Exclusive: We drive the all-new Aston Martin Vantage
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The new Aston Martin Vantage is designed to look like a predator, from its gaping low-slung mesh grille through to its ducktail rear-end.
Behind the wheel it feels like an aggressive hunter, urging the driver to push harder and faster into and out of corners, as it clings firmly to the road or track.
This is a hard-driving, track-ready sports car that comes with all the luxury you would expect from the British marque that has built a heritage around delivering speed in a tuxedo.
Aston Martin is currently in a sweet spot, as it celebrates a sales resurgence on the back of the success of the DB11, with new management and robust funding arrangements placing the whole operation on firmer ground.
The company is relying on the new Vantage, traditionally its best-selling model, to maintain and increase that sales momentum.
But that hasn’t stopped Aston Martin taking risks with the new model, with radically different styling marking a clear departure from the more classic DB11.
We drove the new Vantage at the Portimao circuit on the Algarve in Portugal and on uncrowded motorways and winding mountain roads.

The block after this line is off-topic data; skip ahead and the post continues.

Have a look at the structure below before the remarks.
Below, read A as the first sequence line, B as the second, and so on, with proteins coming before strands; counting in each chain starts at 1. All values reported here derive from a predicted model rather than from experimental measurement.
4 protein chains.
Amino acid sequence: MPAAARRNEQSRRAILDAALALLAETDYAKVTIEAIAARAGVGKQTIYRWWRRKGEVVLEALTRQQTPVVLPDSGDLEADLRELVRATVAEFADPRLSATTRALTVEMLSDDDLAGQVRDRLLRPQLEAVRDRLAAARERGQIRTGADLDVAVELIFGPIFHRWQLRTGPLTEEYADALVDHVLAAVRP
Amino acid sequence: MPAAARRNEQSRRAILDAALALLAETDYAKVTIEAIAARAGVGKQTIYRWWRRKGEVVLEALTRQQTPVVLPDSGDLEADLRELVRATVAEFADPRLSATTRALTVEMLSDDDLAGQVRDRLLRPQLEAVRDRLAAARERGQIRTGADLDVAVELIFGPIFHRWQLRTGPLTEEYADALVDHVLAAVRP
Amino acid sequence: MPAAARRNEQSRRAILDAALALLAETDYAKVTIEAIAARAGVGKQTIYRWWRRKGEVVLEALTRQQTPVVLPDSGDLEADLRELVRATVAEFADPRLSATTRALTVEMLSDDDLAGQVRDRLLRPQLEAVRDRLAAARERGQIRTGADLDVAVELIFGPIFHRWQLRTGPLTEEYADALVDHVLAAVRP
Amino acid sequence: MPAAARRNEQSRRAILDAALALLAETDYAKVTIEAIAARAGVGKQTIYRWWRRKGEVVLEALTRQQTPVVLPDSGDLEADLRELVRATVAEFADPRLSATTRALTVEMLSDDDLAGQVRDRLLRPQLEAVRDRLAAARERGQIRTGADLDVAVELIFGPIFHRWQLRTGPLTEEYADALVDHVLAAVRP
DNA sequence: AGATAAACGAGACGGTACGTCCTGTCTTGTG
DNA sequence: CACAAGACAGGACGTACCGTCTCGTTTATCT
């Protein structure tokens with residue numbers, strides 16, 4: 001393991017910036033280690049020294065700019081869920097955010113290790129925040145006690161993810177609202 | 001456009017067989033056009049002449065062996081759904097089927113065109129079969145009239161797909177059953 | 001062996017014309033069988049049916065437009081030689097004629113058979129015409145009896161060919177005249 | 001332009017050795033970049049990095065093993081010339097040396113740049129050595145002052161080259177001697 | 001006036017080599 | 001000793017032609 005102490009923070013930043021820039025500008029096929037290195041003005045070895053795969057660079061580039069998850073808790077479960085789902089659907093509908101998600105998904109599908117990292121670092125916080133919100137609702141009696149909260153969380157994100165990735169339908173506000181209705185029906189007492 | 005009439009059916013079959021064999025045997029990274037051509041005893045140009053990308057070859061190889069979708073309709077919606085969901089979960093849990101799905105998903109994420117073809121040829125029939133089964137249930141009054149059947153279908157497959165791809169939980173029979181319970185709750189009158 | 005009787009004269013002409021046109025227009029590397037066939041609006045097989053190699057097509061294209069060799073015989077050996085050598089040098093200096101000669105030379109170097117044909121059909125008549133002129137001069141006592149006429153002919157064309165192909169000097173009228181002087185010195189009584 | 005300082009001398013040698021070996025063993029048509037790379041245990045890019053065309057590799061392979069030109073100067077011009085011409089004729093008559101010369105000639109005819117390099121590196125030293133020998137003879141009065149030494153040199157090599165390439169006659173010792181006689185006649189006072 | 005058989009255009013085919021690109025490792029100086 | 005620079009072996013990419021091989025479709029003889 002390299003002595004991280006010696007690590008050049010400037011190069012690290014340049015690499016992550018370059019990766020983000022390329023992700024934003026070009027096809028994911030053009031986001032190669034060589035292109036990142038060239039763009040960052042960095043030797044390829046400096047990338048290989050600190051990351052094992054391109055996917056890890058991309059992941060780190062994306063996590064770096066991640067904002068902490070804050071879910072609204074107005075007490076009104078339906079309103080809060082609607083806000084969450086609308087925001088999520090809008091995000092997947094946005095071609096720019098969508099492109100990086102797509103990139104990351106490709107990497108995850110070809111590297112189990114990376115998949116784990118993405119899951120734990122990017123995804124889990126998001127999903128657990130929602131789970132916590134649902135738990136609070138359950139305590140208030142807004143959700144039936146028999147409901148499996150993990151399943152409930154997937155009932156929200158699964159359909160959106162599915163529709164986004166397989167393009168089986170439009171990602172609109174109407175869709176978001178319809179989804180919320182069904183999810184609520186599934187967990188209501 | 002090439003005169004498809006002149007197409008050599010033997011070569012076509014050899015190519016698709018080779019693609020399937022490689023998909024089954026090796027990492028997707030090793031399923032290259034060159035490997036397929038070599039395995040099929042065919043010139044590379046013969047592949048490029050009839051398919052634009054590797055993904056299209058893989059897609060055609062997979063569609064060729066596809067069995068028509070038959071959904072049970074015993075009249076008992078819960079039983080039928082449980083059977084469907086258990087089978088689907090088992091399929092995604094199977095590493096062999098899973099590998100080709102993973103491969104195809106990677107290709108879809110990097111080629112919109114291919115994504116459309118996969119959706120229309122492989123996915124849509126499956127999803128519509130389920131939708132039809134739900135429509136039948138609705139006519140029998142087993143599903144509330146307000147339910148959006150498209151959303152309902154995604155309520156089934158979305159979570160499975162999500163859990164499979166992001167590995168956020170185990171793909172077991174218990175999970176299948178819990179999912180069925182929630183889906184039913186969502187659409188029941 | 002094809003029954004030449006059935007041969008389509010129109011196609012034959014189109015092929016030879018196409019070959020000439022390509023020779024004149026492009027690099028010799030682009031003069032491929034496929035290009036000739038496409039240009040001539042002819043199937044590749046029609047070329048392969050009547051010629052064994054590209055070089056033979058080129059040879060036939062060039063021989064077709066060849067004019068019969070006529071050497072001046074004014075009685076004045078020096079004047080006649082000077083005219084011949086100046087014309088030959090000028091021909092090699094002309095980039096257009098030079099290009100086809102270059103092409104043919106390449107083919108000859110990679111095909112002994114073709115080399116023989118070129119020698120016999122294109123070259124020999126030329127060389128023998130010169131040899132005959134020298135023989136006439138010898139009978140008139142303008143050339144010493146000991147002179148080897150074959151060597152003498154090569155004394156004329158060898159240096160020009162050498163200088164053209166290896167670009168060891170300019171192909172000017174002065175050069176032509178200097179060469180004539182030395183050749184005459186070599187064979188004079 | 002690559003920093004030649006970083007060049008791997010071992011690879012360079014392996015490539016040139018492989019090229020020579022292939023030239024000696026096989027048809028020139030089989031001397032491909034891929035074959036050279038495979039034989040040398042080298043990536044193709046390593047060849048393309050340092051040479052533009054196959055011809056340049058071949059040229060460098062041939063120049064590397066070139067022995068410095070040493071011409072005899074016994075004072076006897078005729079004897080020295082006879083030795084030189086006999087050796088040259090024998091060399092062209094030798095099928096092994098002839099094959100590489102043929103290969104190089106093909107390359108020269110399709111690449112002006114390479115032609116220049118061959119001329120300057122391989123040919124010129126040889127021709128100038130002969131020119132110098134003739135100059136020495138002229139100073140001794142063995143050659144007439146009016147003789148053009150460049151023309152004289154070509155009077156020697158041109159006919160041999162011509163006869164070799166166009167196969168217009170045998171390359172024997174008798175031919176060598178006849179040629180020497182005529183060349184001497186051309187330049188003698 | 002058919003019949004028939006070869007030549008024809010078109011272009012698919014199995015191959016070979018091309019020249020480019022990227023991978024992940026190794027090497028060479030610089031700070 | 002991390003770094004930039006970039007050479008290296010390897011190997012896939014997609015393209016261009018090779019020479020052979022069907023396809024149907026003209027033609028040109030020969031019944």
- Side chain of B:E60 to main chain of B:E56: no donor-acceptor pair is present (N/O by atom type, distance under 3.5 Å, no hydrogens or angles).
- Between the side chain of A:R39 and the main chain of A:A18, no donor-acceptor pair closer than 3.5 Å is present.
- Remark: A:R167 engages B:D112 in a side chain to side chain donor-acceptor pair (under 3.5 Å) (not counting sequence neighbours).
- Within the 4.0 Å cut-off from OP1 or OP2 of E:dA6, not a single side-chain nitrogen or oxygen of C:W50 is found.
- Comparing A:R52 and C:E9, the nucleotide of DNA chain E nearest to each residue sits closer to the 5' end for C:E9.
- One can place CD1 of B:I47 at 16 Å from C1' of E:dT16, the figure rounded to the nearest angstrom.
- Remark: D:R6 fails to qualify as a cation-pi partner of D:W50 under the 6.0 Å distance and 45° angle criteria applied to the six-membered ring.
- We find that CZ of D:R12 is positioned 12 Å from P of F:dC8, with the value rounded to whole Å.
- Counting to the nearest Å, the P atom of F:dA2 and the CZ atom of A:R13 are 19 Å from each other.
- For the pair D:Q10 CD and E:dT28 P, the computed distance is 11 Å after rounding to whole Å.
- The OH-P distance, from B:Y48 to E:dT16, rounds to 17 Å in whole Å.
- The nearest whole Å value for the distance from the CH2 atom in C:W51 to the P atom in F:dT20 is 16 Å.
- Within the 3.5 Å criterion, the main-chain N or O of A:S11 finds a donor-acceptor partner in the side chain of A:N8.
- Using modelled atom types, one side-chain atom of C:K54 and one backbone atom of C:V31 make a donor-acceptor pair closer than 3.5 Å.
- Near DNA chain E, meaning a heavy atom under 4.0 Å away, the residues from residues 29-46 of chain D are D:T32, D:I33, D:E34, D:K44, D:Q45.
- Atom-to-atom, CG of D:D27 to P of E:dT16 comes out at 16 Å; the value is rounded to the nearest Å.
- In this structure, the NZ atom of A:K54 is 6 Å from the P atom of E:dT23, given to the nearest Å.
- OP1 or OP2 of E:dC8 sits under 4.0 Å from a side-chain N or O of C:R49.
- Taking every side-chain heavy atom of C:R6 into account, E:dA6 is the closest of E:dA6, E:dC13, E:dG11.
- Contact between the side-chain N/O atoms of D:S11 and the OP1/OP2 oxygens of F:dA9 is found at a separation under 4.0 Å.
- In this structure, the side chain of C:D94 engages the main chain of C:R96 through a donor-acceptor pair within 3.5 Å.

Portuguese tourism authorities promote the region as a place “where the sun chooses to live,” though last month it was often cloudy and it rained most days.
Auckland | New Lynn
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But this offered the chance to test the Vantage in wet conditions, on often slippery roads and track.
It was an opportunity to see whether its advanced electronic rear differential and 50/50 weight balance characteristics live up to the hype — and they do.
They help deliver a luxury sports car that clings to the road, even driving fast in sometimes greasy and wet conditions.
The Vantage steering is direct and as accurate as you would expect in an Aston Martin. It excels when pushed either in track mode or sport-plus driving mode.
The Portimao race track is smooth, undulating and twisty, with drivers entering most of the turns blind to what lies over the brow of the hill. But even on a wet track, the Vantage handled the conditions superbly. One test driver managed to push it over the limit, spinning out in the middle of a convoy speeding around the circuit, but that was the only incident during a day of track testing.
After the track day, we took the Vantage up a nearby narrow and windy mountain road, over a 200km route, encountering a full range of road surfaces, from rutted gravel surfaces through to super-smooth multi-lane freeways. Across them all the Vantage stuck to the road, with the ride firm but comfortable.
The body is rigid, and the driver sits low and as close to the centre of the car as the designers could manage. This all helps ensure the Vantage wraps around the driver, with the 4-litre AMG engine putting out 375kW of power and 683Nm of torque, ensuring there is an appropriately sporty soundtrack accompanying the drive.
The eight-speed ZF automatic gearbox smoothly delivers oodles of power. We experienced it on the track at more than 230km/h, when it sits firmly on the tarmac.
This is the first Aston Martin model set up by former Lotus ride and handling chief Mark Becker. Although he was involved in aspects of the DB11, he had the freedom to set up the Vantage the way he wanted it.